This is the audible life cycle of Mr. Mohgan's Super Crispy Roti Prata. The libretto of the above prata operetta goes something like this: Mr. Mohgan throws a round lump of dough he's made last night before slamming it flat with his palm. First flip hits the aluminum countertop, then three consecutive flips in the air follow. It drops onto the hot griddle gleaming with ghee. Iron spatula fries the prata with loud scrapes, the only sign of authority from a mild-mannered man. Finally, it lands on top of a mountain of its brethren, and Mrs. Mohgan delivers it with dahl, mutton curry, or assam fish (the latter is best). She is so lovely you'll want to hug her—then you bulldoze the round bastard love child of Indian sub-contentinal paratha into your mouth. Here in prata spa, you sigh in contentment.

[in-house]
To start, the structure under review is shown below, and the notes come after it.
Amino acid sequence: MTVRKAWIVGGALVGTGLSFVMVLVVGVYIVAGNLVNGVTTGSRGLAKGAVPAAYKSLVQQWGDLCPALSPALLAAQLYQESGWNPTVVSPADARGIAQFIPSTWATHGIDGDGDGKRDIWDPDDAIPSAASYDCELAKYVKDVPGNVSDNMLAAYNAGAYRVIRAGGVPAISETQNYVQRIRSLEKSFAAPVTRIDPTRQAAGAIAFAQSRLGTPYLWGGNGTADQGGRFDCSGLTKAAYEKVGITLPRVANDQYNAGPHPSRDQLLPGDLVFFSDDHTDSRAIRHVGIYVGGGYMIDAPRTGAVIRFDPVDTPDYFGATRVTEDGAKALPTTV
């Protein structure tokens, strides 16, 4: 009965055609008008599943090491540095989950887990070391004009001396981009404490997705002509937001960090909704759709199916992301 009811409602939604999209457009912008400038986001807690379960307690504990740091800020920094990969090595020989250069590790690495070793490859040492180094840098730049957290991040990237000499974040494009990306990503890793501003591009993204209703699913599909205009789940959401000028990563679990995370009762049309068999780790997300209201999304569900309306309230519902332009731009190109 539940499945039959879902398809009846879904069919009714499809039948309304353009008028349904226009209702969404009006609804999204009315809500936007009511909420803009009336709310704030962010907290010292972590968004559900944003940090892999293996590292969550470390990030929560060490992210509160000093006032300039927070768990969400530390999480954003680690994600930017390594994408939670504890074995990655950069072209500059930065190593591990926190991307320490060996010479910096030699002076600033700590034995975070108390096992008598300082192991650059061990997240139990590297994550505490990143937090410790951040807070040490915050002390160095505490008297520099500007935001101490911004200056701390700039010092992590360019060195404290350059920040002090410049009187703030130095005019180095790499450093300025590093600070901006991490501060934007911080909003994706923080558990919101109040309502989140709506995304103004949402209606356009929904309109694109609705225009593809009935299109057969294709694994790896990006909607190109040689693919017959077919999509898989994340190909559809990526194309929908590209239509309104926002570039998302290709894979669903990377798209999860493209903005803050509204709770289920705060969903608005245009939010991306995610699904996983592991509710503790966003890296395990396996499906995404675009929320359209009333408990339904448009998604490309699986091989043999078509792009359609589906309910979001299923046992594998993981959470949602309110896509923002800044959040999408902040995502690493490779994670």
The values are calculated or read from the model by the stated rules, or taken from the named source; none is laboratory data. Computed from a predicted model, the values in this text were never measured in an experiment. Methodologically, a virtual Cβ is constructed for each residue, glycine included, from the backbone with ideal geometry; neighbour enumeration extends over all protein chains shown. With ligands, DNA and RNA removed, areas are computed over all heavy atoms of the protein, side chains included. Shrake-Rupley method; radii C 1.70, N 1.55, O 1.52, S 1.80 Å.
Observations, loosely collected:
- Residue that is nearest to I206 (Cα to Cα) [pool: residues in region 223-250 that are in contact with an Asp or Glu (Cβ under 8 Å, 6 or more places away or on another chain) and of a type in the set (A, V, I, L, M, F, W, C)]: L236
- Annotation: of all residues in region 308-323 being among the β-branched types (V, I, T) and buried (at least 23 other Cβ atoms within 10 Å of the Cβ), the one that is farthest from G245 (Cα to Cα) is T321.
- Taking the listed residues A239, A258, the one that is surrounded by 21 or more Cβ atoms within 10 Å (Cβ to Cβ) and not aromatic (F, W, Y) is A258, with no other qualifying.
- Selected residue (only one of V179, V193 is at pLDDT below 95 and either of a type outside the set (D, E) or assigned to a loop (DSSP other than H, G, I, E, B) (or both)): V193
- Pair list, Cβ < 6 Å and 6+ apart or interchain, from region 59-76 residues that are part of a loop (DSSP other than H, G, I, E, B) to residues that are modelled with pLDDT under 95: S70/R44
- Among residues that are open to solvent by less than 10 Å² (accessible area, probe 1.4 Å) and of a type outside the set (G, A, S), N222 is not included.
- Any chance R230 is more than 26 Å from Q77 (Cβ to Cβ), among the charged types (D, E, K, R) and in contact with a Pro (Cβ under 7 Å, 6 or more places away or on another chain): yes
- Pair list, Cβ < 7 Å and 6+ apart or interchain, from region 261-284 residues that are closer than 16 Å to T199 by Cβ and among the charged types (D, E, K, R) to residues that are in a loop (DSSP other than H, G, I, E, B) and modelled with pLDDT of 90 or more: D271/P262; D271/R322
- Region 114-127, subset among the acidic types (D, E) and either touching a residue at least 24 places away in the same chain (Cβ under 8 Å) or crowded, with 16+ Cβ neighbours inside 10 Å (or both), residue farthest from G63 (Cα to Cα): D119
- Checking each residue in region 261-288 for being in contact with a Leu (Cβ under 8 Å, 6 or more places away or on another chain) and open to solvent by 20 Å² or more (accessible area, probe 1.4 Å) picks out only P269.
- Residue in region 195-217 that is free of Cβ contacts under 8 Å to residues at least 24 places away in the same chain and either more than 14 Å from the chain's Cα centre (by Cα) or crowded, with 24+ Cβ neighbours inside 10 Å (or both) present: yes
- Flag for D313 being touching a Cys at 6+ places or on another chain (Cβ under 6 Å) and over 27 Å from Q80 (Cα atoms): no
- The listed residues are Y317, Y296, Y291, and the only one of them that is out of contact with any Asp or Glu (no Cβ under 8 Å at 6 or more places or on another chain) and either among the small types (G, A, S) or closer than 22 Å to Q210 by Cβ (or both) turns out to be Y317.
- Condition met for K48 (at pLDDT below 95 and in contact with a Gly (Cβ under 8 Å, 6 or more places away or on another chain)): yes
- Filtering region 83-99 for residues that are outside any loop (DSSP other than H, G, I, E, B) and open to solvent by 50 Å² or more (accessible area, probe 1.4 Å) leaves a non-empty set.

If commercial prata, defrosted from factory dough at most food courts and coffee shops in Singapore, is as substantial as Justin Bieber, then Mr. Mohgan's is the sound of soul and the gospel of ghee. He must have sold his soul to the devil, at the crossroads of Crane and Onan in Joo Chiat, to ply prata with fingers light enough to inject strata of fluff encased between lightly seared, flaky surfaces. A flatbread normally regarded as a gut bomb that tastes like cloud nine? Right flippin' on.